This egg was only available in Egg Cave's Cash Shop Park for Father's Day 2014 (June 15).
A remarkable characteristic of Staga eggs is that they are able to remain in a dormant, seemingly lifeless state for hundreds of years before expiring. However, there are cases of some Staga eggs even remaining dormant for more than a thousand years if need be. The Science and Research Center in Ark City has discovered that the currently longest dormant Staga egg is roughly 1,250 years old. It is unknown when/if this egg will hatch.
The ability to stay in dormancy for very long periods is why the Science and Research Center had thought the species was actually extinct at one point. The species was rediscovered when a small herd of Staga were found patrolling a jungle on the outskirts of the Northern Plains. An estimated 75 Staga are thought to be currently alive on Ark, along with an untold number of eggs buried around the island. In fact, there is an entire team of scientists dedicated to searching for and logging the location of Staga eggs.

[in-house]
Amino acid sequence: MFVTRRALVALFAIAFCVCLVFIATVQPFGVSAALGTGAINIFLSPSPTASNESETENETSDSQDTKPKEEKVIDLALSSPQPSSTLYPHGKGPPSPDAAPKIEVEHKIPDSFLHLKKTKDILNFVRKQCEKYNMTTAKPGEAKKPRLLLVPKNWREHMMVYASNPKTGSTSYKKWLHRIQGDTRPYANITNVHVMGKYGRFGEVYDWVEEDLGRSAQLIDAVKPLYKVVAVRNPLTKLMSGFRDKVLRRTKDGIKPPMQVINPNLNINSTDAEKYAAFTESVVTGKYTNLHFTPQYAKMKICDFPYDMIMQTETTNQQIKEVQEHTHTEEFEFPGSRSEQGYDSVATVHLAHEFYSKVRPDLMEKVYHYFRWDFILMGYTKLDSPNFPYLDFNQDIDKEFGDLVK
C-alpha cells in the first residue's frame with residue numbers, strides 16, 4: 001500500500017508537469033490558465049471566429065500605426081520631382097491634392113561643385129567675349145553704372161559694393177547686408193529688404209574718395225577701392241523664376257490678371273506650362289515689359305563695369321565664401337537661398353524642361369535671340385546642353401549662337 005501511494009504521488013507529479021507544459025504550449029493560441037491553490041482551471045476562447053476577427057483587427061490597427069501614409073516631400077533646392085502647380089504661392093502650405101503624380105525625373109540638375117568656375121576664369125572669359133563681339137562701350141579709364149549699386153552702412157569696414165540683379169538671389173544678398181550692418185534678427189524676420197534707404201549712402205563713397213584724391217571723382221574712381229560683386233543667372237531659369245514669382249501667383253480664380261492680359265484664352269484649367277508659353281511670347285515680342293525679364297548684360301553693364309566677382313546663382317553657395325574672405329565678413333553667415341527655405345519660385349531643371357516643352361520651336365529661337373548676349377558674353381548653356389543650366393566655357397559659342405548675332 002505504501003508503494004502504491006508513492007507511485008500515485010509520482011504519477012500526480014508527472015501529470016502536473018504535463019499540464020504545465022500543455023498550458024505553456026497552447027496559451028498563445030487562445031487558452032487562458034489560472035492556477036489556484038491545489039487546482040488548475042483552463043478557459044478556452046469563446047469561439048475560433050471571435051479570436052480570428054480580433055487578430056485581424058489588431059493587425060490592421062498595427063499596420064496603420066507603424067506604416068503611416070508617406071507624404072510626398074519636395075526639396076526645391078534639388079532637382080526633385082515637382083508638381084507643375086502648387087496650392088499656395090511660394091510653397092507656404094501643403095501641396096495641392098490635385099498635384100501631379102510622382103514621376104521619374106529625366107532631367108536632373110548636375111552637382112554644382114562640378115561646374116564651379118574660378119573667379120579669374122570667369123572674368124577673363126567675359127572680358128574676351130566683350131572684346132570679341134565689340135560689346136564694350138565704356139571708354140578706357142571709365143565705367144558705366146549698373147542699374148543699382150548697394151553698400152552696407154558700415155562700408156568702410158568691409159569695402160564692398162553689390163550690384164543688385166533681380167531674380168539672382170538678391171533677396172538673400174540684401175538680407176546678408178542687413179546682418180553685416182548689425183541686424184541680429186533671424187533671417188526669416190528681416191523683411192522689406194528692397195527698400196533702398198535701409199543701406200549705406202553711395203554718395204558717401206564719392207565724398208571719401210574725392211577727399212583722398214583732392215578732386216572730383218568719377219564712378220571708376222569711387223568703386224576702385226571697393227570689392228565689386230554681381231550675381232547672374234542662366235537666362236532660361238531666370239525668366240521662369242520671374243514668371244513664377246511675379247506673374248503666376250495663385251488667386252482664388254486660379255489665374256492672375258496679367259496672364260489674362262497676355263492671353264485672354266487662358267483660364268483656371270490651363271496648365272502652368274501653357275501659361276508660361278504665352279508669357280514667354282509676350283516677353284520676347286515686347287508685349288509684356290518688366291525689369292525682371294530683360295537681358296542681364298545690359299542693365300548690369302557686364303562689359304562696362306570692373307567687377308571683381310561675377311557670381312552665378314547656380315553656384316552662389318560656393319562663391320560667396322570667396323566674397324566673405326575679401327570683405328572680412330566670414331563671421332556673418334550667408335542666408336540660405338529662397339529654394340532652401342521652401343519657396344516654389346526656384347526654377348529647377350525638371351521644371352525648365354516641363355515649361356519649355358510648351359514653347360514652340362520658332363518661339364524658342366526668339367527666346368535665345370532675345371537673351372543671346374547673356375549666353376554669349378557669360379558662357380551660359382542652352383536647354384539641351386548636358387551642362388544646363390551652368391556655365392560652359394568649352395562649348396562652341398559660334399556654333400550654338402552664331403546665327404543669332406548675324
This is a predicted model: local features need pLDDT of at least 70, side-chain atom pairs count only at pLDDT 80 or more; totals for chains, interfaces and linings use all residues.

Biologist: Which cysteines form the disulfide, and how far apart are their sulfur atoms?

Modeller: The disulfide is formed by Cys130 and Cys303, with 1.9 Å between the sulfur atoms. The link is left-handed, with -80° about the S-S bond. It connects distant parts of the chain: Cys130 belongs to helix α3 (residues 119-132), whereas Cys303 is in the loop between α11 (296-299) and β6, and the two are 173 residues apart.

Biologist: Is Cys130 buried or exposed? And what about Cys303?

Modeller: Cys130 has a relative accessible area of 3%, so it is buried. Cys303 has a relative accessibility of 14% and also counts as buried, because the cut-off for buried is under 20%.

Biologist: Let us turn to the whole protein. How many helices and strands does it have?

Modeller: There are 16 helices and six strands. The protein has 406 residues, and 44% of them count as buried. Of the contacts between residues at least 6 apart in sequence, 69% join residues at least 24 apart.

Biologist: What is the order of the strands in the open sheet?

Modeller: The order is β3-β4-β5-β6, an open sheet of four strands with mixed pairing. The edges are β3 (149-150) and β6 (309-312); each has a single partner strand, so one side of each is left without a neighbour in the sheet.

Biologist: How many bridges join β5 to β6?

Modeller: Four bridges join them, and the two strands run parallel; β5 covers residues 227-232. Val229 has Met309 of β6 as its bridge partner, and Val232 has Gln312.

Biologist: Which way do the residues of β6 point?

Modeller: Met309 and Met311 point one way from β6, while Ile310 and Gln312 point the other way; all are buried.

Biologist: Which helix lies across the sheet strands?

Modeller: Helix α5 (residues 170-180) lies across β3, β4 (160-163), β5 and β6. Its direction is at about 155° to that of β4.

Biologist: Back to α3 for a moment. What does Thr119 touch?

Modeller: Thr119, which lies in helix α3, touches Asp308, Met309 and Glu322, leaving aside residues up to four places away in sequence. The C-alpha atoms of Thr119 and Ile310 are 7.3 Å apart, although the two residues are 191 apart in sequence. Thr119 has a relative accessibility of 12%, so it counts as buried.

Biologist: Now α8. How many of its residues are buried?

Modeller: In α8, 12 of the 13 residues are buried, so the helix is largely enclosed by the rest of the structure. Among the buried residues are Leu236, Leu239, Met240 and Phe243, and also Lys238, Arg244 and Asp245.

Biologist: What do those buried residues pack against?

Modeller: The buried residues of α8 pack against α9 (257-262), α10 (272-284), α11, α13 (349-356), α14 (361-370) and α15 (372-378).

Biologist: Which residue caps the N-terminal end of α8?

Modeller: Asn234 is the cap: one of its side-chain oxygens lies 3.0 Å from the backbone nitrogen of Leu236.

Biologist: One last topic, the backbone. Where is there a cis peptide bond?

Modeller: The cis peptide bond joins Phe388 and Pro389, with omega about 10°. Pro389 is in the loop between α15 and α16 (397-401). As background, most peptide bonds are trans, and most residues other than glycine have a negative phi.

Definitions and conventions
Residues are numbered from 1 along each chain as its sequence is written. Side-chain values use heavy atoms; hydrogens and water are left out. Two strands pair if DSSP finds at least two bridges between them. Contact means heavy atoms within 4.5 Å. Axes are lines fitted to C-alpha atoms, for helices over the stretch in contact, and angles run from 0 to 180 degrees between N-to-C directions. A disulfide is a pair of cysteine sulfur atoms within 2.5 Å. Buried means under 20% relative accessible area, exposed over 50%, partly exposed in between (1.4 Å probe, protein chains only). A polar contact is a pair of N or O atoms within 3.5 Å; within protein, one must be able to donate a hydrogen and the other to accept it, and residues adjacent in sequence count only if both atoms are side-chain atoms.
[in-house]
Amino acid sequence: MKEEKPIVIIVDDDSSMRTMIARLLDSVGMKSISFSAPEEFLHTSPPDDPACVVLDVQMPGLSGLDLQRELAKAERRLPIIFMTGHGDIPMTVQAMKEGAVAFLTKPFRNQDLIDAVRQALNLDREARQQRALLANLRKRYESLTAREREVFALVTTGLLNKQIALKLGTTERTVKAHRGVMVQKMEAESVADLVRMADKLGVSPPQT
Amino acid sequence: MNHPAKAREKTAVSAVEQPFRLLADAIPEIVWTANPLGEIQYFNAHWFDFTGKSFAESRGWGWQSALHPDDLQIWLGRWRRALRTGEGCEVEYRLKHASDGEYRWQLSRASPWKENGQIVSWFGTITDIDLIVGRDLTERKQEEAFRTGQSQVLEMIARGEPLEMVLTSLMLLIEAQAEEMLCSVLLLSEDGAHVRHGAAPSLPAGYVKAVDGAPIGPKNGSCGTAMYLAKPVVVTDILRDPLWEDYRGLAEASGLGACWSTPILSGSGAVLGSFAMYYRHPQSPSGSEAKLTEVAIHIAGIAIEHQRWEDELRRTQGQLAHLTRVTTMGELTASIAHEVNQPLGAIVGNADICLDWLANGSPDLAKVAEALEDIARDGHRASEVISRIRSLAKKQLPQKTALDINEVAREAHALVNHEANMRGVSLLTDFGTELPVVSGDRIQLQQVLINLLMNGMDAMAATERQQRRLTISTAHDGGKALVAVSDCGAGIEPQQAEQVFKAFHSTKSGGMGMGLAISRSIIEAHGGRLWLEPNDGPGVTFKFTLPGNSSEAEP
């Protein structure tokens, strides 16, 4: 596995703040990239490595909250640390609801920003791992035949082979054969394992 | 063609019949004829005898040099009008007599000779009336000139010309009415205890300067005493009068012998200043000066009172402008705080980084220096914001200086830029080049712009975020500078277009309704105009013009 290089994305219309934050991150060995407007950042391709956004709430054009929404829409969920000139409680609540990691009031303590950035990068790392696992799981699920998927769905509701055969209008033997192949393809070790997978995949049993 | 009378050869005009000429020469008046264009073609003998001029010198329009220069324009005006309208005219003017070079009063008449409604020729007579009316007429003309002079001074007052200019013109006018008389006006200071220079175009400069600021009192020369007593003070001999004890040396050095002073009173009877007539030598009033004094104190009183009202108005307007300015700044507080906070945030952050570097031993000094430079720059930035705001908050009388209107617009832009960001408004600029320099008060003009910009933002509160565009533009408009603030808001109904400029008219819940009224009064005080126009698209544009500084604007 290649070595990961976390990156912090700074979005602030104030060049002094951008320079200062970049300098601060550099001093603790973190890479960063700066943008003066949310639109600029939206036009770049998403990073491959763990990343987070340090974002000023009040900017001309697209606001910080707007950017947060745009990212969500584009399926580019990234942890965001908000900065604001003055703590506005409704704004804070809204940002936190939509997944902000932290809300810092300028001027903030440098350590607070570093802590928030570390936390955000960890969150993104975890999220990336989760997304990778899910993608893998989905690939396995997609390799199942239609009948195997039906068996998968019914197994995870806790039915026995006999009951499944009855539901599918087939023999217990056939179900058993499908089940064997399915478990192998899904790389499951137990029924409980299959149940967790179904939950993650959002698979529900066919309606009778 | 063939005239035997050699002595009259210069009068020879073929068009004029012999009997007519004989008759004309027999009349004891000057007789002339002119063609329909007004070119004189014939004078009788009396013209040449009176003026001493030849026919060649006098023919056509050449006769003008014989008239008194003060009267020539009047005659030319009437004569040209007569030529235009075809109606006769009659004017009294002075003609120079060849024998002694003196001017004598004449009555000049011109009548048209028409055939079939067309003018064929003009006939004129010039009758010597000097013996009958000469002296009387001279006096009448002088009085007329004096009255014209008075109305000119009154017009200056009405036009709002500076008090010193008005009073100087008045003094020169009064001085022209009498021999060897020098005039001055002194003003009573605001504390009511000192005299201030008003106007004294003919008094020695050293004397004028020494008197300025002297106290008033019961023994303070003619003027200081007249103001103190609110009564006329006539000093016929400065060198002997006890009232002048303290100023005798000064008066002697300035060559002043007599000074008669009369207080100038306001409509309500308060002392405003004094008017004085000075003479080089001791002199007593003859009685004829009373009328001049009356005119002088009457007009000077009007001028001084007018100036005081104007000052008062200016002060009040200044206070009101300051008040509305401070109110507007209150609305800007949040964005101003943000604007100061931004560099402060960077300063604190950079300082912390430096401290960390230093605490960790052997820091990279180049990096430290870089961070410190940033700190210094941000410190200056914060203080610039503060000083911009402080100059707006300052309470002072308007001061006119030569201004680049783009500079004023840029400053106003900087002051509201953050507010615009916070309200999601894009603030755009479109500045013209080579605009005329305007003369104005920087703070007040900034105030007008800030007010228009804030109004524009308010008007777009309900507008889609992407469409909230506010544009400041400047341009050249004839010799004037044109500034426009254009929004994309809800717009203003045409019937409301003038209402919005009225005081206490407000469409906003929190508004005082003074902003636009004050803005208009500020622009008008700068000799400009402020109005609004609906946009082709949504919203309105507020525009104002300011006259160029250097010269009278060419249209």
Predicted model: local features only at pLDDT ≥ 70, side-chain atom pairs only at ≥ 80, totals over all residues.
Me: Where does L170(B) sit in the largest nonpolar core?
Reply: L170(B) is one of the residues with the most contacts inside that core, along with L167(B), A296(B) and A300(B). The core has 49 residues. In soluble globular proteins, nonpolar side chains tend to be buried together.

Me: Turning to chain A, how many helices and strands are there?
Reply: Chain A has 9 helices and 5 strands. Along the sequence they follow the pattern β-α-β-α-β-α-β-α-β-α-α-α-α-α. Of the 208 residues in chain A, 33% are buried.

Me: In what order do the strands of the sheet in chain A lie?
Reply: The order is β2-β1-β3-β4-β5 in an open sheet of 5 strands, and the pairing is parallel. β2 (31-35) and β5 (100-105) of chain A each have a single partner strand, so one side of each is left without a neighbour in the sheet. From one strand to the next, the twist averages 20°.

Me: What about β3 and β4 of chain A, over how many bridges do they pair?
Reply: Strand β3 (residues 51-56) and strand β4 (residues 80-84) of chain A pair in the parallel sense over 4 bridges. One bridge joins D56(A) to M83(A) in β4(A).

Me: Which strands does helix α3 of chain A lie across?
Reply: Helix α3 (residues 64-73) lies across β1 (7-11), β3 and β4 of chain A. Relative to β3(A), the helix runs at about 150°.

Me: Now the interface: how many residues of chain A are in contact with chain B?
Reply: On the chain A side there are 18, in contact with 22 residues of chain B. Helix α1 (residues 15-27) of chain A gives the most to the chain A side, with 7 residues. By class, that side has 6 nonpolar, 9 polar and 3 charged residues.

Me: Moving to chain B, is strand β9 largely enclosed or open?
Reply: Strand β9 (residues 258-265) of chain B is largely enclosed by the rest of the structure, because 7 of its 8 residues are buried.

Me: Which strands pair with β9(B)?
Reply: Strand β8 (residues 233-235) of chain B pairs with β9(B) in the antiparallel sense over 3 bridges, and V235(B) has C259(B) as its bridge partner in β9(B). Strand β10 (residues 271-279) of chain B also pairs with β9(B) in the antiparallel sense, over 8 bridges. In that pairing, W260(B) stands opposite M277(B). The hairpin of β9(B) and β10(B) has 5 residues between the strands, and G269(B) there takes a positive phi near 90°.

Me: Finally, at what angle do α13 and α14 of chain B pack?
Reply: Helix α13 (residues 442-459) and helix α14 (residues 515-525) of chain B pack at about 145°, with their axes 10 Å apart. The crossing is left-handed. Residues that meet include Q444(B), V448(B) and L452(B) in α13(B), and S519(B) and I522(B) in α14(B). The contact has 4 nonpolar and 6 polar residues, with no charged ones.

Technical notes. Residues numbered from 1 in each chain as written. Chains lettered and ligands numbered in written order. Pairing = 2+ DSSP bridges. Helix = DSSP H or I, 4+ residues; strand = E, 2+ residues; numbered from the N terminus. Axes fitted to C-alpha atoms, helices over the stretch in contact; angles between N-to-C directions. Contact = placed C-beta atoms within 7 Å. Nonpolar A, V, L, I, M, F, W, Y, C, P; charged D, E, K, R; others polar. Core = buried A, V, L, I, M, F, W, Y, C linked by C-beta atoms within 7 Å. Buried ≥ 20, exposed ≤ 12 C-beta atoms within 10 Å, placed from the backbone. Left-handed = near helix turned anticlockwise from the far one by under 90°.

Much like the Sorien and Frice, the Staga is nearly identical to the ancient dinosaurs of Ark's past.
Male Staga are notoriously protective of any offspring in their herd (even if the child isn't blood-related) and are readily willing to sacrifice their own lives to protect them. A single well-placed swipe from a Staga's spiked tail can easily gore the toughest of hides. Despite this protective aggression, Staga are herbivores and are otherwise quite docile.
The city of Leila, being located in the Northern Plains, results in it being considerably close to the Staga's natural habitat. The unfortunate consequence of this close proximity is that poachers can more easily target the species for their back plates and spikes, which are then sold on the black market for high prices.
Anyone found guilty of poaching Staga is subjected to life in prison, as it is a very serious federal offense.